Why is it that they have taken something so simple (soccer) and made it so difficult for the kids and parents to enjoy? This thought crossed my mind while chatting with my fellow assistant coach at basketball yesterday. We had only a handful of girls for the last scheduled basketball game of the year as the rest of the team members were off at a small tournament for soccer. These girls are just 10 or 11 years old and they are already participating full-time in soccer activities that seem to leave little time for anything else.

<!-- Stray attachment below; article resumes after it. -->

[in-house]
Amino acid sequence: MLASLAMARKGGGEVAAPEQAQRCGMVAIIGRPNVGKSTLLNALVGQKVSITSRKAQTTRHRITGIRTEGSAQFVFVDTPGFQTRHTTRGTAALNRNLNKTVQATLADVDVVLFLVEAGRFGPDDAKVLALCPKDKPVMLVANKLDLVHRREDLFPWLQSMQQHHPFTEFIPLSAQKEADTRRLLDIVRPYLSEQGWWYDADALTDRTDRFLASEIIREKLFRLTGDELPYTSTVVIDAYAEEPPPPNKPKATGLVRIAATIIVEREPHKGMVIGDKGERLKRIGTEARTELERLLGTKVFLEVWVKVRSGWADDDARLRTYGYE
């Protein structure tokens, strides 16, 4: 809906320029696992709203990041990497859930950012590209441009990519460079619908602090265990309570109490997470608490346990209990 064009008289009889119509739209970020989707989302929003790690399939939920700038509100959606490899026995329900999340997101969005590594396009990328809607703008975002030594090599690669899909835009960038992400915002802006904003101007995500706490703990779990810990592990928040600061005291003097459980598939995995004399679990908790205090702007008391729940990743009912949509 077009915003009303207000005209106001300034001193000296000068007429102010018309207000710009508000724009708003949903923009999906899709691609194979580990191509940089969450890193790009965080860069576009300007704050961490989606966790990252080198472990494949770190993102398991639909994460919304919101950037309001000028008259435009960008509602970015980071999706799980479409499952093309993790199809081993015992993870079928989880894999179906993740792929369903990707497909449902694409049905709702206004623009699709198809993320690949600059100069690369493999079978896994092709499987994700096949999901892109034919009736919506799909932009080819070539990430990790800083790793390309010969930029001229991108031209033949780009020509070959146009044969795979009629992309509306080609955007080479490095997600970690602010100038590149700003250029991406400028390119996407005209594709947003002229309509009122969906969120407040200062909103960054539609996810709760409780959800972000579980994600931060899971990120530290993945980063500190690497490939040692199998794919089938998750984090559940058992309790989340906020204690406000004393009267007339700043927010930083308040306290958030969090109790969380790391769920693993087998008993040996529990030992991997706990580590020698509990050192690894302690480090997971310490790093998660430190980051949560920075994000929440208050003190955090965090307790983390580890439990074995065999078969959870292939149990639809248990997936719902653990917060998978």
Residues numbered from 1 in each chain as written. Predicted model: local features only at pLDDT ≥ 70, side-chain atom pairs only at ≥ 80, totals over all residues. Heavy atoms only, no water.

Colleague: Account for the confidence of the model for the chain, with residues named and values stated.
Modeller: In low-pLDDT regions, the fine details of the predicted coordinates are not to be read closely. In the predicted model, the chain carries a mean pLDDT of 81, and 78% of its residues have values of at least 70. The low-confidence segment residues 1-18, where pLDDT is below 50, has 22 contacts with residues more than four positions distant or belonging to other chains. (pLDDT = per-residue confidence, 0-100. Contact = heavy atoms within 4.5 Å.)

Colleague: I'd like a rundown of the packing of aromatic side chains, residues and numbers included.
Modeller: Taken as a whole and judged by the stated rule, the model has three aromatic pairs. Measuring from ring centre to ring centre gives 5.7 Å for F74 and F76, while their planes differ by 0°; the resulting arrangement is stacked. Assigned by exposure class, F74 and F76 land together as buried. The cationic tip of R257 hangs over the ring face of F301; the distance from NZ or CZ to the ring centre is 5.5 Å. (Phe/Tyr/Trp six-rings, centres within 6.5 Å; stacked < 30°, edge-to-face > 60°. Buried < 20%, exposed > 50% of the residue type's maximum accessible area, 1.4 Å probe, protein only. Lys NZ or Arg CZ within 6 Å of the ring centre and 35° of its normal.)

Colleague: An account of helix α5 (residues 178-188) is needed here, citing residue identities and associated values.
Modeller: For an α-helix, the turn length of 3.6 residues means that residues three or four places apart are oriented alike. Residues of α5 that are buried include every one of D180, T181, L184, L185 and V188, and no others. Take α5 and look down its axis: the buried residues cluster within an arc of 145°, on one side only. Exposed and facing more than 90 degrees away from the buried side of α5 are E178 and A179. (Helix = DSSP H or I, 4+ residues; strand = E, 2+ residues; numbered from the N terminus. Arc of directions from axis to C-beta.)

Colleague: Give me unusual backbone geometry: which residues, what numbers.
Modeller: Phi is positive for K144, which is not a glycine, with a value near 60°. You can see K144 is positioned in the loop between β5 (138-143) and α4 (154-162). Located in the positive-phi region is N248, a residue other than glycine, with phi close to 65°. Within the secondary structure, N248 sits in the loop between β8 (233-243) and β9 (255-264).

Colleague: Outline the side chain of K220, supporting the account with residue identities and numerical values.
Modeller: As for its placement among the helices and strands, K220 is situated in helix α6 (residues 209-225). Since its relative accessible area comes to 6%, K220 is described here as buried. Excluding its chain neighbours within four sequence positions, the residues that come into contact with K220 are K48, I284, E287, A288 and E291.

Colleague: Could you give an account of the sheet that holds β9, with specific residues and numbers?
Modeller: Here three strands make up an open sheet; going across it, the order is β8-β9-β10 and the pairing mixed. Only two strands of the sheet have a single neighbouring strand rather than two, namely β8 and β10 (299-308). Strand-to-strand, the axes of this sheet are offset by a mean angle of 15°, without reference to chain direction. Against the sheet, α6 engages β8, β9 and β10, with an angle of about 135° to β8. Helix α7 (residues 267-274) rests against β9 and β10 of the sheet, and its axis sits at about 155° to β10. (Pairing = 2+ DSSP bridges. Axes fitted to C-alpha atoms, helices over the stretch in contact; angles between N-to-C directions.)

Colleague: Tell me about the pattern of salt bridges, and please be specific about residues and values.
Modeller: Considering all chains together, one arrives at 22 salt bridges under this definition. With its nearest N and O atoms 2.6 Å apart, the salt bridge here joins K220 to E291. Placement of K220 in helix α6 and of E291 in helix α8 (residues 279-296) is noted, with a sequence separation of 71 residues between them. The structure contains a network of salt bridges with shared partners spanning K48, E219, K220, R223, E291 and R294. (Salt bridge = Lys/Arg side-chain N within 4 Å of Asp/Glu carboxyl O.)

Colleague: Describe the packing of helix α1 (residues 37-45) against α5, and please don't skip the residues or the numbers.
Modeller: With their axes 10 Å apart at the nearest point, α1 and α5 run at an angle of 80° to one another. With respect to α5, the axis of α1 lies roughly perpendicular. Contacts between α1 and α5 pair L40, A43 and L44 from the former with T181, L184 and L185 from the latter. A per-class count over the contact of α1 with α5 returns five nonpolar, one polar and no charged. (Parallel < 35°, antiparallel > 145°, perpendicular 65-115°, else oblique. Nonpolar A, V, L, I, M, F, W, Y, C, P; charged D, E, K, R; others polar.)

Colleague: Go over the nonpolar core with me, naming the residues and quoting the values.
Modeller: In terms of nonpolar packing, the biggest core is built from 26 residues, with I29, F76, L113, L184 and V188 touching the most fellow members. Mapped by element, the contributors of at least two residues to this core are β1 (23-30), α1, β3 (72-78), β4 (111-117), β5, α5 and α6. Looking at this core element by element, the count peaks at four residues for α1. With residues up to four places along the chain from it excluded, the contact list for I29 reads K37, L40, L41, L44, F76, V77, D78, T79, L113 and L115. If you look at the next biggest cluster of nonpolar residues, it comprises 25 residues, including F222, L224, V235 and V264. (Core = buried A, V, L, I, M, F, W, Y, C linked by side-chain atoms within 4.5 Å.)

I have been thinking a lot lately about the whole idea of children being involved in sports mostly because I get to see on a daily basis just how much fun Asher at 2 years old has whenever a ball, puck or any sports equipment is present. I think it's really cool and I look forward to helping him get involved in all sorts of different things, but the cost and the viability of it all hadn't dawned on me until recently. The better your child becomes at a sport, the more costly it gets. I would love to see Jasmine and Asher excel at sports, but at what cost? I feel like I do a reasonable job with Jasmine when it comes to not pushing her, because I want her to enjoy her involvement and not feel like she has to please me. I didn't coax her into playing sports that I liked, but rather I steered her towards what I thought were affordable options that she would be interested in. Sheila and I enrolled her in the Girl Guide program as well to provide a different type of leisure activity, again, at an affordable price. As it turns out, even affordable has it's costs. Between soccer, basketball, Girl Guides, various activities at school, and the horse riding lessons I spoiled her with last summer, I have collected over $500 worth of reciepts. This doesn't include the various equipment she needs to participate be it her Guide uniform, her kicks for b-ball, her soccer cleats and her other equipment that she needed for having fun with dad in the yard. This includes her bicycle, her softball bat and glove, her hockey stick and helmet and so on. When it comes right down to it, leading your children towards a sedentary lifestyle can be "cheaper" if one was to measure the cost in merely dollars spent.